Over 300 Seattle area concrete delivery drivers and support staff returned to work on April 11 without a new contract in hand, an unconditional end to a strike that lasted nearly five months.

The strike began in King County last November and broadened in scope in December, impacting public megaprojects and private projects across the region. Negotiations between the drivers, part of Teamsters Local 174, and the concrete companies have produced no movement and the ongoing strike and lack of concrete work forced hundreds of layoffs in the building trades around the region. 

The Washington State Dept. of Transportation says about 2,300 cu yd of planned pours have been missed since their projects were first impacted by the strike on Dec. 3, 2021. The agency's contractors have laid off over 130 employees because of the delays. 

Sound Transit, which is expanding light rail throughout the region, has missed more than 4,300 deliveries, and forced contractors working for the agency to lay off approximately 200 workers.

"For months, the concrete companies have used their control over Seattle's concrete industry to drag out negotiations, and it has been devastating for our community and for our sisters and brothers in the building trades," says Rick Hicks, Teamsters Local 174 secretary-treasurer. "Our members love our community and are returning to work for the people of Seattle."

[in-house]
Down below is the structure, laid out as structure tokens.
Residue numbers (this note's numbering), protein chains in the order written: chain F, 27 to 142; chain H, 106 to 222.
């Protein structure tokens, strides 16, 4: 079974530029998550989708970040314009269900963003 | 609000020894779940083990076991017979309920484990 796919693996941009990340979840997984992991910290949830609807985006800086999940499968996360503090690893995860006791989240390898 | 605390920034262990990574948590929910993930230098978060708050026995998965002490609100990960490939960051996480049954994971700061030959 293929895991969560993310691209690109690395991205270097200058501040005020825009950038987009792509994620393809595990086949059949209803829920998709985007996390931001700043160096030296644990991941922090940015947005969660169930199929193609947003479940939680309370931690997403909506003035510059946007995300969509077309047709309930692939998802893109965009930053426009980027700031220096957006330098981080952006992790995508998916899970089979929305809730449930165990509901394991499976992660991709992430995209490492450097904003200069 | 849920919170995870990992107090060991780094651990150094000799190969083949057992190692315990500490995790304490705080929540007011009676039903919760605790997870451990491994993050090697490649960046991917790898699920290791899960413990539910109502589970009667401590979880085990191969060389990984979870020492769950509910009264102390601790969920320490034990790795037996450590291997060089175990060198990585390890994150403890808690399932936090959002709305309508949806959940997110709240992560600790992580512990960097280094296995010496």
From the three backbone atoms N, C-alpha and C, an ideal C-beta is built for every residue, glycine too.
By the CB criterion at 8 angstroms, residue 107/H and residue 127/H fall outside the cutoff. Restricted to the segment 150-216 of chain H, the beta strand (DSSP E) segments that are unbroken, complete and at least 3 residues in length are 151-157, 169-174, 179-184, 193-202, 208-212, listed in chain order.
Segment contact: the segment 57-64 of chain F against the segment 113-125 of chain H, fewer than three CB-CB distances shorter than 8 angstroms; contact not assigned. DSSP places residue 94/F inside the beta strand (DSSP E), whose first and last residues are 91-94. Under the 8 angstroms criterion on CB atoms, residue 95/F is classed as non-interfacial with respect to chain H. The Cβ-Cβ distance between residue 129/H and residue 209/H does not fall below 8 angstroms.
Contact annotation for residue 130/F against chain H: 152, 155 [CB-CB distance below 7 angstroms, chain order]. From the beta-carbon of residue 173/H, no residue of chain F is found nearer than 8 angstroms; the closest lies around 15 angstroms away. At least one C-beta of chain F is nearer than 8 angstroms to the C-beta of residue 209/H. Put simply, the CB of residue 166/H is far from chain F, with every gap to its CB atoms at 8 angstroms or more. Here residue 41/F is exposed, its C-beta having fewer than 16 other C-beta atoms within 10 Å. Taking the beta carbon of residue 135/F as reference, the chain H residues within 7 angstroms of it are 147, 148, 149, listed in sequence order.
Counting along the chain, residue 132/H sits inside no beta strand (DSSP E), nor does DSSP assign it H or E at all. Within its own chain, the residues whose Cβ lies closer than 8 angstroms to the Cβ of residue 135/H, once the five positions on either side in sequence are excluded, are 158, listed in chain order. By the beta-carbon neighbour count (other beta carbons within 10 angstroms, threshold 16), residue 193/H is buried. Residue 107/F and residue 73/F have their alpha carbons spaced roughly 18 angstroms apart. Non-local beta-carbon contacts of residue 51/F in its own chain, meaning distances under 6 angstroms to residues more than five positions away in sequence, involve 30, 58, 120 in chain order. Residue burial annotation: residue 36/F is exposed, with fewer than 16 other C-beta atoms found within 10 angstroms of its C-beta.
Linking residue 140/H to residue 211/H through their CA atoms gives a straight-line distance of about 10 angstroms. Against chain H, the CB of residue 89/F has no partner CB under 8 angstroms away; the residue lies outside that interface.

Hicks says they hope that the unconditional return to work will encourage the companies to "stop stonewalling negotiations."

Peter Rogoff, Sound Transit CEO, welcomes the workers' return. "We thank the Teamsters for this action, and we urge the parties to work collaboratively on a long-term agreement that avoids risks of further disruptions," he says. "With months of backlogged concrete deliveries across the region, we all must now work together to dig ourselves out of a deep hole."

With a backlog that has impacted major projects such as emergency repairs on the West Seattle Bridge and the expansion of the Washington State Convention Center, as well as numerous private projects, it will take plenty of time to catch back up. 

"While we cannot erase these delays, we will work to minimize their impact to the greatest degree possible and get these transformative projects open for service to our residents," says Ron Lewis, Sound Transit executive director of design, engineering and construction management.

The West Seattle Bridge project was in danger of an indefinite delay without concrete delivery in February, but Teamsters Local 174 agreed to restart delivery to the project in March and trucks started arriving on site in early April.

Local 174 went on strike with 34 workers at Gary Merlino Construction but that soon expanded to include Stoneway Concrete, Cadman, CalPortland/Glacier, Salmon Bay Sand and Gravel and Lehigh Cement. The workers were all local members and were on strike to protest the companies' "refusal to bargain in good faith" after a contract expired on July 31.

Gery Merlino Construction did not respond to requests for comment.

Founded in 1909, Teamsters Local 174 represents 8,600 workers in the Seattle area.